Flypaper

By Chad Aldeman and Kirsten Schmitz

We're going to have to update a talking point. Those of us working in the pension world have long used the shorthand that “nine out of ten teachers” participate in a defined benefit pension plan. But on further look, that’s not quite right, and it’s changing faster than commonly recognized.

Like any good talking point, it has some kernel of truth. The stat comes from the Bureau of Labor Statistics (BLS), and as of March of 2016 the BLS reported that 87 percent of “Primary, secondary, and special education school teachers” employed by state or local governments participate in defined benefit pension plans (Table 2 here). We could round up that figure and call it a day, but it’s worth digging deeper.

The BLS has tracked retirement benefits of state and local government employees since 1987, and the longer trend line has some interesting nuance. Back then, the BLS only reported a broad category of “teachers” that included all personnel in primary and secondary schools, plus those employed by state colleges and universities. If we follow this broader category of “teachers” over time, here’s the percentage that participated in a defined benefit pension plan by year:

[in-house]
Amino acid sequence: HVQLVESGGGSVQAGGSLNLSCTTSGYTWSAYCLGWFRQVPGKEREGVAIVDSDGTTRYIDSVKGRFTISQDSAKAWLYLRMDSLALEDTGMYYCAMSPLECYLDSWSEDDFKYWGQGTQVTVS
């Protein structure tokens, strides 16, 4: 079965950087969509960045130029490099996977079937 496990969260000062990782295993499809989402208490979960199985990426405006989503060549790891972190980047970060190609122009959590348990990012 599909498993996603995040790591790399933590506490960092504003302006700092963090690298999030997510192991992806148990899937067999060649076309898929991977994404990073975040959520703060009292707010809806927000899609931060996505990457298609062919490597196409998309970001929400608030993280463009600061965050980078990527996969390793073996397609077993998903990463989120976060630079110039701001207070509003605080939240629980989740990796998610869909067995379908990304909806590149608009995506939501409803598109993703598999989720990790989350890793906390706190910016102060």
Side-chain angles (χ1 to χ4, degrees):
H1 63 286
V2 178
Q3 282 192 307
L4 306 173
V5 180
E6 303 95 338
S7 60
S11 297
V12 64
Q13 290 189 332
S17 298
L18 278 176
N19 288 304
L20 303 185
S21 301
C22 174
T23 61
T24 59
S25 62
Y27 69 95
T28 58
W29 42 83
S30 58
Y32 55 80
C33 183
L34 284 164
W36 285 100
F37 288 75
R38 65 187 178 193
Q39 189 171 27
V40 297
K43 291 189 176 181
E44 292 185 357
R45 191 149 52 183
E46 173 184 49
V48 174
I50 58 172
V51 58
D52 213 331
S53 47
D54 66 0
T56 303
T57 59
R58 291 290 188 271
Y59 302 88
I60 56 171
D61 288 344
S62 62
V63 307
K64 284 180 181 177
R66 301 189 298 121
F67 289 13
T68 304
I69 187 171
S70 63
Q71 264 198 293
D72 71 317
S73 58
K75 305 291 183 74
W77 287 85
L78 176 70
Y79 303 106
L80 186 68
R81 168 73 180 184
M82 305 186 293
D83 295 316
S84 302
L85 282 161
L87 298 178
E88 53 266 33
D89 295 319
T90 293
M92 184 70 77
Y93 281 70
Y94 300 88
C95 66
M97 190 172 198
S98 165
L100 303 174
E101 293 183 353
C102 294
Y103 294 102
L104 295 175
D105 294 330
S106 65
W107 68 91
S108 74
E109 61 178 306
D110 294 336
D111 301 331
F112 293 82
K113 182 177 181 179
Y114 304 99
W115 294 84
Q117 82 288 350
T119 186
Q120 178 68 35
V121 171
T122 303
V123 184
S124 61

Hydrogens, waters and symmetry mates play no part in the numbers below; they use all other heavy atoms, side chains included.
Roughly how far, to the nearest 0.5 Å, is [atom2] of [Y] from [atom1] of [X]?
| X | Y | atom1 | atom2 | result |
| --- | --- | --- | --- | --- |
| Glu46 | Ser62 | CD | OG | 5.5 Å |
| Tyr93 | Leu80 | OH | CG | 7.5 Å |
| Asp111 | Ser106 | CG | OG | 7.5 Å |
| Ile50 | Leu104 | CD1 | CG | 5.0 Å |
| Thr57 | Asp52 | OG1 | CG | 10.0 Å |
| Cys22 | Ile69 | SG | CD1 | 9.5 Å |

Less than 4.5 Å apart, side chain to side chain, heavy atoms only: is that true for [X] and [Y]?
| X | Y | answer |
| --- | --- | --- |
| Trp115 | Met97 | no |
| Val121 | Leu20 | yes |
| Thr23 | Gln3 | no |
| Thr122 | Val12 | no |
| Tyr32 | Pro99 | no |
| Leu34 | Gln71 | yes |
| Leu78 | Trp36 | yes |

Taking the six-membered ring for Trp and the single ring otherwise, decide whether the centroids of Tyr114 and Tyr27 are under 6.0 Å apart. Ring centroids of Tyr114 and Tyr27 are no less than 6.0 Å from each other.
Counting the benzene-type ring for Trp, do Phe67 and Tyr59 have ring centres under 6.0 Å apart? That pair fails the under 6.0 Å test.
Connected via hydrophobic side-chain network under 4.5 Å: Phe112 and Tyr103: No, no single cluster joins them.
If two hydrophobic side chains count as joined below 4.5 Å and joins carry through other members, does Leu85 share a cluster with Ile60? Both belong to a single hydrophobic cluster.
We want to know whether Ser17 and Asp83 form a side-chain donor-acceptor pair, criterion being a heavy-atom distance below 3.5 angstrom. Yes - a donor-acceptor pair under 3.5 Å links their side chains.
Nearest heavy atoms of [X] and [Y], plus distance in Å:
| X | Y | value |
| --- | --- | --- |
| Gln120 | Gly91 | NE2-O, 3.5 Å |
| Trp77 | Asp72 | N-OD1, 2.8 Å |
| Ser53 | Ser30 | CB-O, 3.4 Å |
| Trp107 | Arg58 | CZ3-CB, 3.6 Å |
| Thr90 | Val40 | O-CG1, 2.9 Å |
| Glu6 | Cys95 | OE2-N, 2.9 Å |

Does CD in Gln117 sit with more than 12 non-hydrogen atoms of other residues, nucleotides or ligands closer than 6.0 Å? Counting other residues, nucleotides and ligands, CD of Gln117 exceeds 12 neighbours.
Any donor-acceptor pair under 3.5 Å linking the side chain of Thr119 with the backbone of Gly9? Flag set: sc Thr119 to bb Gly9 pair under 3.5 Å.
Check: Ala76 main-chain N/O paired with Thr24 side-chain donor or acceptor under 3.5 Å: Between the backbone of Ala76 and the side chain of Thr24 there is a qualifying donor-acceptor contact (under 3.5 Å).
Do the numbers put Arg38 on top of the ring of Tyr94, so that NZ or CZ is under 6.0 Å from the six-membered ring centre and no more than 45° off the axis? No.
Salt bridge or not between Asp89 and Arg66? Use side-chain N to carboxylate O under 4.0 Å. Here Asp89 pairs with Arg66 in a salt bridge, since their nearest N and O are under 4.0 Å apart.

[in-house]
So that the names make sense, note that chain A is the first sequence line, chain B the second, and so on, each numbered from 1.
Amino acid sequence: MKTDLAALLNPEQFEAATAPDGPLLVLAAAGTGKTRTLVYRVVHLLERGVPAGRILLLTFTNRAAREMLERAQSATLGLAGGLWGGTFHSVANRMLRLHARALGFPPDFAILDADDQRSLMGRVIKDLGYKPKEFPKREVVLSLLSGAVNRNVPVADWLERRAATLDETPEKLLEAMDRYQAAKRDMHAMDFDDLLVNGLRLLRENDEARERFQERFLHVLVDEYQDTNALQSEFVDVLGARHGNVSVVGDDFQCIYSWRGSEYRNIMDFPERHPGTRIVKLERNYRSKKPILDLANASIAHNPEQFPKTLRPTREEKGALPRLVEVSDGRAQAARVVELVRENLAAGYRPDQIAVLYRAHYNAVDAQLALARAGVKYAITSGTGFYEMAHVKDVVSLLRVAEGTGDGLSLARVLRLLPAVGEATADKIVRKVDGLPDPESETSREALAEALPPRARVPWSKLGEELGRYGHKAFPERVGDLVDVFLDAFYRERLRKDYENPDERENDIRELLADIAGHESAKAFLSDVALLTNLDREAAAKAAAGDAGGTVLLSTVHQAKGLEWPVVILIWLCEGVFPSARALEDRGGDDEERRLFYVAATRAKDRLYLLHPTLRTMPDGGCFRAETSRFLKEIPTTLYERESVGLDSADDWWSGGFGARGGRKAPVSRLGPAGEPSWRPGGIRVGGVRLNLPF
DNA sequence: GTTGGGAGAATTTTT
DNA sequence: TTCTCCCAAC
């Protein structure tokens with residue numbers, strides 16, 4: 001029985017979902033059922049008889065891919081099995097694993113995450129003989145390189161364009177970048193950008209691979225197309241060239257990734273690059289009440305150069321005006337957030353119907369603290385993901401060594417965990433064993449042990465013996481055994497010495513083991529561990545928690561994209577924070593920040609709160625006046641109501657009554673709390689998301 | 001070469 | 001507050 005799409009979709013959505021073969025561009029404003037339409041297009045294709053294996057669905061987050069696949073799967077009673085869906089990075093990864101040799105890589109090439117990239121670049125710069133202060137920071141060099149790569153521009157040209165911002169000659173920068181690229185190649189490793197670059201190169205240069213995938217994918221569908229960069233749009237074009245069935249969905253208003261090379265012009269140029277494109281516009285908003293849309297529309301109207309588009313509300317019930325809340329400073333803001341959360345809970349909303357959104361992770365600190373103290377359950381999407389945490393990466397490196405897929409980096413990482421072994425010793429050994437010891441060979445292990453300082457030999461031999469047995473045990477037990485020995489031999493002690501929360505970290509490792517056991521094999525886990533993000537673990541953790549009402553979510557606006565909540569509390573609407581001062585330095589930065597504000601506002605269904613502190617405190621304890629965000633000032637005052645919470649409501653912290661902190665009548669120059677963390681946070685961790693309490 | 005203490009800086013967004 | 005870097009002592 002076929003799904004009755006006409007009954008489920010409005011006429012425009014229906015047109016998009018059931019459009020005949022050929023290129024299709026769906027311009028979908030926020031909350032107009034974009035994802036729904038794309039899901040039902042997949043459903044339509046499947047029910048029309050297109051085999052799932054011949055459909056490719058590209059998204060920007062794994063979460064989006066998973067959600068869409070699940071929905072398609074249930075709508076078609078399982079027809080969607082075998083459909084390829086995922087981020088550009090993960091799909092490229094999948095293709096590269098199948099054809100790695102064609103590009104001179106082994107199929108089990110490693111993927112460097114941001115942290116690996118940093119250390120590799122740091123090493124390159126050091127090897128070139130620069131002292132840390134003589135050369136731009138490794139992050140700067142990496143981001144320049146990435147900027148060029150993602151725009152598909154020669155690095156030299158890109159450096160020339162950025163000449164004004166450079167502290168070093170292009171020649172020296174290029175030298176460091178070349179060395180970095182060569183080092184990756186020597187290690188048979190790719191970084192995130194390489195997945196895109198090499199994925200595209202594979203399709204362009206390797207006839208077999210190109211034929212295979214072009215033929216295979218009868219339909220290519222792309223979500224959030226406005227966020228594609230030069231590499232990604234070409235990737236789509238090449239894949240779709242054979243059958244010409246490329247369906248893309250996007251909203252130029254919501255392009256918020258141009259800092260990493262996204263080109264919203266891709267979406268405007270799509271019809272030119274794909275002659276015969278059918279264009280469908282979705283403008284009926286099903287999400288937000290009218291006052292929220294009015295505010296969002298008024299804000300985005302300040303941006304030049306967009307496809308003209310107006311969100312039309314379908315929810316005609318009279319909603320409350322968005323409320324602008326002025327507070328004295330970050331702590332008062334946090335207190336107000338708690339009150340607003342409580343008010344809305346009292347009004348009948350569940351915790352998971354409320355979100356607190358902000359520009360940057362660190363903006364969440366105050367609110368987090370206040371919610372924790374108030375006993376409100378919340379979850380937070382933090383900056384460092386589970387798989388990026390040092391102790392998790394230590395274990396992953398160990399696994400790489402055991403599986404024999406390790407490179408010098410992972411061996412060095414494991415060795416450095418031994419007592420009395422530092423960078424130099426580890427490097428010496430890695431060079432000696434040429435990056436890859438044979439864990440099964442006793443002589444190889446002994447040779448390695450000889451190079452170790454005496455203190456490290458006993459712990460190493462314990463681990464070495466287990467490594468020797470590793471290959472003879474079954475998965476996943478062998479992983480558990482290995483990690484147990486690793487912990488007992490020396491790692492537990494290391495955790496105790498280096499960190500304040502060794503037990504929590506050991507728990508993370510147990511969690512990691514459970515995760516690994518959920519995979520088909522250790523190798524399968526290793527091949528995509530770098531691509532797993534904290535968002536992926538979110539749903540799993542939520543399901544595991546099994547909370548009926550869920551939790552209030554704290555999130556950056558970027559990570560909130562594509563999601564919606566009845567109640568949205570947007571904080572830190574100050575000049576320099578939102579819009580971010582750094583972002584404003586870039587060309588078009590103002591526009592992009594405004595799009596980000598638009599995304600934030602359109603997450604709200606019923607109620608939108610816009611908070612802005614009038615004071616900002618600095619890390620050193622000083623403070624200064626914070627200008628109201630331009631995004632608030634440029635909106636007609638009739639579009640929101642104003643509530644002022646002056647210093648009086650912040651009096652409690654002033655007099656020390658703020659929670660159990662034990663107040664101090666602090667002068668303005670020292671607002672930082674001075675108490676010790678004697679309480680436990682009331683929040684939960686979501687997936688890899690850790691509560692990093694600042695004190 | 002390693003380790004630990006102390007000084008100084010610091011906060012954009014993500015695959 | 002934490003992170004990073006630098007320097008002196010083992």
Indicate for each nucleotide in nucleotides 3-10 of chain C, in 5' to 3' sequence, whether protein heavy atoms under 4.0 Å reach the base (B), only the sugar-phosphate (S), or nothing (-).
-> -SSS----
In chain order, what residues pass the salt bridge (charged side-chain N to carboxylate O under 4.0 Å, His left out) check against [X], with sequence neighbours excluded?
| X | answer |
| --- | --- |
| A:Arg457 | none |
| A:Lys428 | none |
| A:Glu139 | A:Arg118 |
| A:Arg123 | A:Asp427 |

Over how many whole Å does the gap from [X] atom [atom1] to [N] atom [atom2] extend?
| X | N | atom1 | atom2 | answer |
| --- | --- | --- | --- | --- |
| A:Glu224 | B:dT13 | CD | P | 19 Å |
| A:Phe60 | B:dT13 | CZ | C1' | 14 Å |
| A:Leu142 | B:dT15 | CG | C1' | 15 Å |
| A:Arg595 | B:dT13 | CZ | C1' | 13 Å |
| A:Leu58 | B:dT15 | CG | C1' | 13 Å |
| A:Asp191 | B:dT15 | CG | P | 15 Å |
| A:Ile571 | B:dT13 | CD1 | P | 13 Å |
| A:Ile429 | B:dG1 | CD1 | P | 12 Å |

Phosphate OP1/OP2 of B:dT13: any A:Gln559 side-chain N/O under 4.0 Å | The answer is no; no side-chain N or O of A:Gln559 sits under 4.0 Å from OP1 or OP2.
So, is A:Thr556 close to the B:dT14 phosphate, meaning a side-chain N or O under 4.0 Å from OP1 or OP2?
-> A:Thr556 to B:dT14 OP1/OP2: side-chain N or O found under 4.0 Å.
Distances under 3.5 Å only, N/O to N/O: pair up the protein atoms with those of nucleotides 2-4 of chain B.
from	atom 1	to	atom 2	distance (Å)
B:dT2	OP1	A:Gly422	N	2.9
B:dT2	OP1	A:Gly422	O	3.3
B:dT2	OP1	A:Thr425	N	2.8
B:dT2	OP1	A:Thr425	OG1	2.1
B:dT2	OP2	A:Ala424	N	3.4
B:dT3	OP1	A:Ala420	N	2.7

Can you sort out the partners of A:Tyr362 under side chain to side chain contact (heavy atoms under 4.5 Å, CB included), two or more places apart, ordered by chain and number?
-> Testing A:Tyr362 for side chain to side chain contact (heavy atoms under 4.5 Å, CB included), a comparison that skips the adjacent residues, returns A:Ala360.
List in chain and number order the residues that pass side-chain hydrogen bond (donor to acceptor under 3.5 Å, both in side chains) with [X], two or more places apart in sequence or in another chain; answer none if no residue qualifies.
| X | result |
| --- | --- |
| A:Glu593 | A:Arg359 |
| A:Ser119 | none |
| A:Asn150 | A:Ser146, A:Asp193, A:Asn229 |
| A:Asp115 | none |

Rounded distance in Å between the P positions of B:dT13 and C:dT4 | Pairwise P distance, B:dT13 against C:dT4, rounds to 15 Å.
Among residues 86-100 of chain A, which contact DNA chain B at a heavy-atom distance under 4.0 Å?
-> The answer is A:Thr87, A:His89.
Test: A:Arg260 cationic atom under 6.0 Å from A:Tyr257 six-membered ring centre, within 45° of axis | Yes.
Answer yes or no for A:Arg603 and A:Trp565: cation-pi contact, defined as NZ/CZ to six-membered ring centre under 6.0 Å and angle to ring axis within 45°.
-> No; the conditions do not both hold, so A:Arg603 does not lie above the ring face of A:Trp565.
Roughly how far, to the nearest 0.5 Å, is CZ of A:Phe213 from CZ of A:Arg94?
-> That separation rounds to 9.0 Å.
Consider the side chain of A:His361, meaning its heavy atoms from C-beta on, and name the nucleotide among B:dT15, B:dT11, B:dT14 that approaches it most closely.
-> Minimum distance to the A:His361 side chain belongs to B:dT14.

Daniel T. Willingham

I concluded that many teachers believe learning-styles theory is accurate in about 2003. It was perhaps the second or third time I had given a public talk to teachers. I mentioned it in passing as an example of a theory that sounds plausible but is wrong, and I felt an immediate change in the air. Several people said “Wait, what? Can you please back up a slide?”

Since then I’ve written a couple of articles about learning styles, created a video on the subject, and put an FAQ on my website. Last week I was on NPR’s Science Friday radio program (with Kelly Macdonald and Lauren McGrath) to talk about learning styles and other neuromyths.

I put energy into dispelling the learning styles myth because I thought that audience of educators was representative—that is, that most teachers think the theory is right. But with the exception of one recent study showing that academics often invoke learning styles theory in in professional journal articles, there haven’t been empirical data on how widespread this belief is in the U.S.

Now there are.

Macdonald, McGrath, and their colleagues conducted a survey to test the pervasiveness of...

The New York Times ran an interminable front-page piece on Sunday raising doubts about the ethics and propriety of teachers who promote commercial products, especially those from big tech firms like Apple and Google, for use by other teachers and their schools. The example that reporter Natasha Singer focused on—“one of the tech-savviest teachers in the United States”—is an ace third grade teacher named Kayla Delzer, whose classroom is in the hamlet of Mapleton, North Dakota. Her brand is Top Dog Teaching, and she does indeed promote a wide range of instructional strategies and commercial products that range from her own line of tee shirts, to books and newsletters she’s written, to plugs for corporate products like the “itslearning” classroom management system.